Earlier this month, the European Commission named Athens, Greece, its annual capital of innovation, in part because of an online platform called SynAthina, which lets citizens and groups submit city-changing ideas and connect with the officials, nonprofits, or businesses that can help make them happen.
Around the same time, Guadalajara, Mexico, earned that country’s national transparency award for creatively battling corruption for an online platform called Visor Urbano, which allows business owners to submit permit requests and construction licenses through an automated processing system, and makes basic compliance information publicly accessible. And in Providence, Rhode Island, a program to measure and increase how many words young low-income kids are exposed to recently received a positive evaluation from Brown University. Those involved are now hearing over 50% more words as they develop, something that seems to be crucial for later academic success.
The commonality: All of these efforts were developed during past iterations of the Mayors Challenge, a multimillion-dollar competition run by Bloomberg Philanthropies that asks city leaders to submit bold solutions to a broader societal concern they’re facing. Bloomberg then funds the top projects with the idea that if they are successful, they’ll be adopted elsewhere.
Since 2013, Bloomberg Philanthropies has held four such competitions: The first was in the U.S., and helped jump-start Providence’s education program. The following time, it sourced ideas from Europe, then Latin America.
This year, Bloomberg Philanthropies again looked to U.S. mayors for ideas, and the nine winners of this challenge round were announced in October. They include metros like Denver, which launched an initiative that aims to improve air quality by mounting and monitoring pollution sensors around schools. Georgetown, Texas, is 10 times smaller but hopes to become the first energy independent community in the U.S. by encouraging people there to mount solar panels and install rechargeable storage batteries in their homes. Other winners are Los Angeles, with a novel plan to tackle affordable housing and homelessness, and Huntington, West Virginia, which will continue battling the opioid epidemic. (Find a full list of winners here.)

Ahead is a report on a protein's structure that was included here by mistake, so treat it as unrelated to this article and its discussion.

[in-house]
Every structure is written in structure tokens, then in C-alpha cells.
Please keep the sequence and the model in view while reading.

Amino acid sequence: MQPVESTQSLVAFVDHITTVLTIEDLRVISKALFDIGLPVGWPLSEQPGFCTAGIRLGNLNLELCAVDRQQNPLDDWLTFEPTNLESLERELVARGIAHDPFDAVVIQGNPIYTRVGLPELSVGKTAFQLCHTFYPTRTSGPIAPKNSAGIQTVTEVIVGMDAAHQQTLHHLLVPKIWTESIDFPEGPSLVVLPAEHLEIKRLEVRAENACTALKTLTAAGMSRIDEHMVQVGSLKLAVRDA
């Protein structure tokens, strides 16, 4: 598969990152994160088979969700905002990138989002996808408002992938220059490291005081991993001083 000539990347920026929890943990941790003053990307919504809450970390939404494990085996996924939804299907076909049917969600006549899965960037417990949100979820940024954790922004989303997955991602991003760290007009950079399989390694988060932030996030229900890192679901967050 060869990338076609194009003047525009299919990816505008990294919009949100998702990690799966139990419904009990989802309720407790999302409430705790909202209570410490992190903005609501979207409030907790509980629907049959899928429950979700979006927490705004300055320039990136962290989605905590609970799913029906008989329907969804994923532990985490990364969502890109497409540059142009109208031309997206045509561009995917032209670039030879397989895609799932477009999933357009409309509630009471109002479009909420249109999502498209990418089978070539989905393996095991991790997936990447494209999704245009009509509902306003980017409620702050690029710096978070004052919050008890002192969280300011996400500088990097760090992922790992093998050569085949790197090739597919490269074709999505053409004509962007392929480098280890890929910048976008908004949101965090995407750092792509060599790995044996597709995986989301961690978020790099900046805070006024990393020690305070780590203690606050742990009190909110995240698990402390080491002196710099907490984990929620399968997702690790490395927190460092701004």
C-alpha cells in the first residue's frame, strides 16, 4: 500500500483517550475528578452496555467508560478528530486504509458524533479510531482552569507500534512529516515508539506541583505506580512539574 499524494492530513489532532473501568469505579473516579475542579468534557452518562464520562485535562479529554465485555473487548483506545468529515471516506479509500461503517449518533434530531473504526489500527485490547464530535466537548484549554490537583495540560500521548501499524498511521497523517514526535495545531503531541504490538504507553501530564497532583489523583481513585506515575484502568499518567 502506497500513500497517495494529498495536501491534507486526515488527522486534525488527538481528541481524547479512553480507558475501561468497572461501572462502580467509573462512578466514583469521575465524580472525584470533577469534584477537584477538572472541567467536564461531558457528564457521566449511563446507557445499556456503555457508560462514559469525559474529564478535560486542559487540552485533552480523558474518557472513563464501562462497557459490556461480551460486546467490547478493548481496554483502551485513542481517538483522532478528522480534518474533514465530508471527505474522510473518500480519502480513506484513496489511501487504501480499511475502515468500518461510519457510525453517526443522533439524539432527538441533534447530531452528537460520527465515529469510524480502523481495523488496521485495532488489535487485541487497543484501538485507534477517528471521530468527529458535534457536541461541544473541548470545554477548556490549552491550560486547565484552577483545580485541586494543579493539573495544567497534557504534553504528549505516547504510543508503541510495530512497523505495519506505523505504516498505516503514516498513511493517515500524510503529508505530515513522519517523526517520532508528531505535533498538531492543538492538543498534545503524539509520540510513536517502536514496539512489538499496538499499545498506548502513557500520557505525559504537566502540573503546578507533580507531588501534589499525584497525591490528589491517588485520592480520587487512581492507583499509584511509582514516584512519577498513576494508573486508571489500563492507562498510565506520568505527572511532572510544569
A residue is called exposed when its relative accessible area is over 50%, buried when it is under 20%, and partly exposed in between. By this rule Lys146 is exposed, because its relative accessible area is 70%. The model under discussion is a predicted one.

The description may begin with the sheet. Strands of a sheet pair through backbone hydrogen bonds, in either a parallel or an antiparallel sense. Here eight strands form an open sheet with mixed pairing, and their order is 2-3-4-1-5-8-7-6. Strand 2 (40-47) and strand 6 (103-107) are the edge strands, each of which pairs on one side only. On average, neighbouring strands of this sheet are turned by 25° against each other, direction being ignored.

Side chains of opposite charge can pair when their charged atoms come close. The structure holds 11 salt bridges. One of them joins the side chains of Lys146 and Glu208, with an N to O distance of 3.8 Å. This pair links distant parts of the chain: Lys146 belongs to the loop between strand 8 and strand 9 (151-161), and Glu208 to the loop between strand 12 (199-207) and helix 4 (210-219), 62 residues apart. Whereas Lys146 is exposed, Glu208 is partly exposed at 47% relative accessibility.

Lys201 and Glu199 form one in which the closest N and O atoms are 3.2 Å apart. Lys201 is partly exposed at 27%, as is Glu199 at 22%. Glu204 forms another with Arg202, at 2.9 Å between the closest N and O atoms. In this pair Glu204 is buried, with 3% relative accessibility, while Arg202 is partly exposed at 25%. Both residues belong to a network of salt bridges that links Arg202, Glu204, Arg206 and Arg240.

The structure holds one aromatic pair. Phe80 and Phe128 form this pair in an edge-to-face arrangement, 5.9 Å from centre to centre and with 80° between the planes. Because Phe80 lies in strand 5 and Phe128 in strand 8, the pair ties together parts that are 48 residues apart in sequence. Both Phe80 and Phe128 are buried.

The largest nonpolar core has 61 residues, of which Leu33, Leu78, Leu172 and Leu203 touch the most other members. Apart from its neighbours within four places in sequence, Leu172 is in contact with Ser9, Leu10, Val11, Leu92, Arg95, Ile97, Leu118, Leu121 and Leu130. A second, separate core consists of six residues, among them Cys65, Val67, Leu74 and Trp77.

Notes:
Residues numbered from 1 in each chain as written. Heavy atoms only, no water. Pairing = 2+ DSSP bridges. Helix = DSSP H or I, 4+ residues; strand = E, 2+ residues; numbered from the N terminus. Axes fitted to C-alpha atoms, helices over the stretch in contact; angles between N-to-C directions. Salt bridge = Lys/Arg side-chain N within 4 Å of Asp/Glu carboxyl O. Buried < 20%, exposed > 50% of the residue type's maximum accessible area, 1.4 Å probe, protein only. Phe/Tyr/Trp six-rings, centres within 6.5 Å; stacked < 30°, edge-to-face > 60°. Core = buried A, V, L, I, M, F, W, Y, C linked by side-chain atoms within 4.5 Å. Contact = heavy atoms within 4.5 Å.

Given how well previous Mayors Challenge-supported ideas have fared, Bloomberg Philanthropies’ investment in city-generated ideas appears to be working. “We’re making some good bets and the cities are really proving out their innovations in a powerful way,” says James Anderson, Bloomberg’s head of government innovation.
“Cities are being asked to tackle every issue under the sun, and they need support in developing innovative new proposals,” he adds. “We need better public solutions across the board. And Mike Bloomberg believes that philanthropy has a critical role to play in affording the public sector risk capital to test new ideas, to see if these ideas work, and to prove them out.”
This year’s Mayors Challenge was the largest ever, with 325 cities entering and a total of $17 million funding and support at stake. Unlike in previous competitions, however, Bloomberg Philanthropies got involved in coaching cities before they ever submitted their concepts. “Albert Einstein has this very famous quotation which is, you know, if I had one hour to solve a problem, I’d spend 55 minutes understanding the problem and five minutes focused on solutions,” Anderson says. The funder tried to simulate that through boot camps, where the first 300 cities to sign up were able to meet with available coaches and experts about how to best define the problems they might want to tackle.
In February, Bloomberg Philanthropies narrowed the field to 35 Champion Cities, which also received a new kind of windfall: $100,000 each and technical assistance to build and test prototypes of their concepts and the assumptions behind them. These city leaders also engaged specifically with people in their communities who were directly impacted by the issues they were trying to solve, and sourced from them candid feedback on their solutions.
“I think this was some of the best money that we could have spent,” Anderson says. “It showed us which teams have the capacity to take their ideas off of paper and put them into action. It gave those cities incredibly valuable data about whether their ideas would get traction, and how to improve them,” he says. “And perhaps most importantly, it generated a ton of local enthusiasm: Nearly $19 million dollars were committed by businesses, other levels of government, and local funders around those 35 ideas simply as a result of having the testing phase before any of those ideas had been designated winners.”
Bloomberg planned to award $5 million dollars to the best project, and four $1 million prizes to the best runner-ups. But the range of promising projects grew wide enough that it altered the stakes. Ultimately, Bloomberg awarded nine $1 million prizes to a wider range of cities instead.
As Anderson sees it, the competition now has two major themes: Mayors in places of all sizes are increasingly confident that they can dream up the next city-based solution to a national or even worldwide problem. And they’re becoming ever more excited to involve their citizens early and often to get that right. “This reduces risk and increases the likelihood that when you launch your project, your product, or your new service, that it’s going to hit its mark.”